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Identity HelpSeptarian Nodule (Septurian)

18th Aug 2006 00:52 UTCMoonCave

Septarian Nodule (sand concretion of a mud ball where yellow calcite crystallized in the cracks. These can be narrow and minuscule at first and then open into larger cavities. Found in Utah)is obviously not the correct mineral name for this specimen.

What exactly would be an acceptable and accurate name ???


18th Aug 2006 01:40 UTCJeremy Zolan

well, in terms of mineral species, that would be calcite. I would just label it as a Septarian Nodule as this is acceptable (at least to me and most collectors) but it could also be labeled as Calcite var. Septarian Nodule.


18th Aug 2006 02:51 UTCKarl Volkman Expert

Actually i wouldn't label it as "calcite var septurian nodule". The reason is because the calcite is only one of the minerals that is present in most S.N. The darker brown rims on many of the nodules have turned out to be aragonite so you have at least to minerals present.

Then you have the matrix itself. These nodules are actually pseudofossils (think "fossilized" ripple marks, raindrop hits, etc...) in this case what you have are "fossilized" mud cracks. These formed when the lake bed where these were formed dried out. As the mud of the lake bottom dried it contracted and voids formed. The lake bed was subsequently covered with new lake and the older one was buried. The water from the new lake seeped down through the sedimentary rock of the old lake and picked up trace amounts of calcium in passing. when the water entered the voids it would pool and the calcium would deposit out as aragonite and calcite.

After all the long winded explanation it comes down to what you have is properly called a Septurian nodule


18th Aug 2006 03:52 UTCAlan Plante

As Karl notes, septarian nodules are pseudo-fossils - not minerals, *per se*. Technically they are rocks. The name "septarian nodule" is the accepted name for them and should be used on labels; but it should be clear that what you are labeling is a rock, not a mineral. - Nothing wrong with that. - Alan

18th Aug 2006 05:32 UTCChris Tucker Expert

Your specimen would be calcite in a septarian nodule.

A septarian nodule is a kind of rock, it is not a variety of a mineral and can not be described as such. A septarian nodule is a kind of concretion, not all concretions contain separations, or open spaces caused by a variety of factors. These open spaces are often attributed to drying, shrinkage and compression.

Concretions do not form from the seasonal drying of a lake bed as Karl mentioned. They are formed shortly after deposition of the surrounding sediment. Mineral rich fluids flowing through the sediment deposit minerals around a nucleus of some sort. This nucleus could be a could be just about anything, including organic matter. If you have had plenty to drink and are crossed eyed, you could use the term "pseudo fossil" to describe a concretion.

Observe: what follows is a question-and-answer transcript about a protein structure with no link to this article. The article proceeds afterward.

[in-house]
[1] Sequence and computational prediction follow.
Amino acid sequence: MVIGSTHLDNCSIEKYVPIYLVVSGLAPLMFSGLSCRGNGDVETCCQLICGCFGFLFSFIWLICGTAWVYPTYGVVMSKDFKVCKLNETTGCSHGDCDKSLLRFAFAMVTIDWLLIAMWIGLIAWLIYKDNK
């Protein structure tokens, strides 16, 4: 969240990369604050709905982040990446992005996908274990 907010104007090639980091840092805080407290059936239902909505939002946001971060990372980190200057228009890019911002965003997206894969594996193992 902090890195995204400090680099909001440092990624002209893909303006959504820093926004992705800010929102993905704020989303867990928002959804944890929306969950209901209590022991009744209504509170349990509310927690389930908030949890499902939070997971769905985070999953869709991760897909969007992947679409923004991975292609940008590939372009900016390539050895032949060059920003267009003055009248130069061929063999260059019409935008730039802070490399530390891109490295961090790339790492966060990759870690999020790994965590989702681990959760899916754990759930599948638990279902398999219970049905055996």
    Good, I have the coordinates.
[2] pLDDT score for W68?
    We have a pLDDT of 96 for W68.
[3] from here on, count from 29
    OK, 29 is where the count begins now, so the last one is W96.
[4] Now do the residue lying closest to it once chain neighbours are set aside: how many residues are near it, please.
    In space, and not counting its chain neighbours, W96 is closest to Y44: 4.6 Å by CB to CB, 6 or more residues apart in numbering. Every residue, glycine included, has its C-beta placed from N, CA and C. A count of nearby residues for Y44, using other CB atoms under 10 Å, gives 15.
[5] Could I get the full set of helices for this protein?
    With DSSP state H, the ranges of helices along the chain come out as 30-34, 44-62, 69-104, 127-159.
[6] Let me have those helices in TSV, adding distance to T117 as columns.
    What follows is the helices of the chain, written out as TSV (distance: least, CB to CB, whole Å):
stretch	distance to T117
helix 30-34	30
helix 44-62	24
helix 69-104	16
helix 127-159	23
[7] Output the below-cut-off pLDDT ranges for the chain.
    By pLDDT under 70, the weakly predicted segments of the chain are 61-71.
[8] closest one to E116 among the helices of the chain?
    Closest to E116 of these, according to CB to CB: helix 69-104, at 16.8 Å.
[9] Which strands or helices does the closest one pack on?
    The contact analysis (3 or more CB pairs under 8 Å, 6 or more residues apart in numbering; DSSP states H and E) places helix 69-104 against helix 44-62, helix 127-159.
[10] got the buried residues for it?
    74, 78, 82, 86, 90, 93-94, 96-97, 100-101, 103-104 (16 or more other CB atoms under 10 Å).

18th Aug 2006 06:44 UTCKarl Volkman Expert

I respecfully disagree that septerian nodules are concretions. As you pointed out in the definition of concretions "Mineral rich fluids flowing through the sediment deposit minerals around a nucleus of some sort". Visual observation alon disproves the idea that speteria are concretions. The clay/calcite/aragonite relations tat are displayed in them could not be formed as a concretion. The sequence for the formation of a Septerian Nodule is as follows:

1. lake dries out

2. Mud in the lake sediments dries and hardens with voids forming due to shrinkage of the clay

3. fluids flow through sedimentary rock that was the lakebed and pools in the voids.

4. Aragonite is deposited around the edges of the void

4. Calcite iss deposited on the aragonite

if these were concretions then the centers would be solid mineralization with successive layering outward. This is not present in Septerian as evidenced by the numerous hollow nodules that have been found.


18th Aug 2006 07:04 UTCKarl Volkman Expert

oopps Forgot one thing.

In regard to my classifying these as pseudofossils i have done so because the definition of tracefossil specificly defines them as traces of prehistoric oranizums thus excluding Septerian Nodules, raindrops, ripplemarks, etc...


18th Aug 2006 07:55 UTCChris Tucker Expert


Sorry, but you are wrong. Septarians are kinds of concretions, that is a fact. It is well proven and there is no arguing it.

The depositional sequence of minerals in a septarian is essentially meaningless; from locality to locality differences will be encountered. Many are found without any additional mineral inside. Numerous other minerals are also commonly present. Besides the already mentioned calcite and aragonite other minerals are commonly found in septarians including barite, quartz, pyrite and marcasite along with their alteration products, whewellite, analcime, gypsum, and many more.

Following are a few references to the subject. If you would like more, I would be happy to come up with a few others.



Astin, T.R. 1986. Septarian crack formation in carbonate concretions from shales and mudstones.Clay Minerals. 21:617-632.

Astin, T.R. and I.C. Scotchman. 1988. The diagenetic history of some septarian concretions from the Kimmeridge Clay, England. Sedimentology. 35:349-368.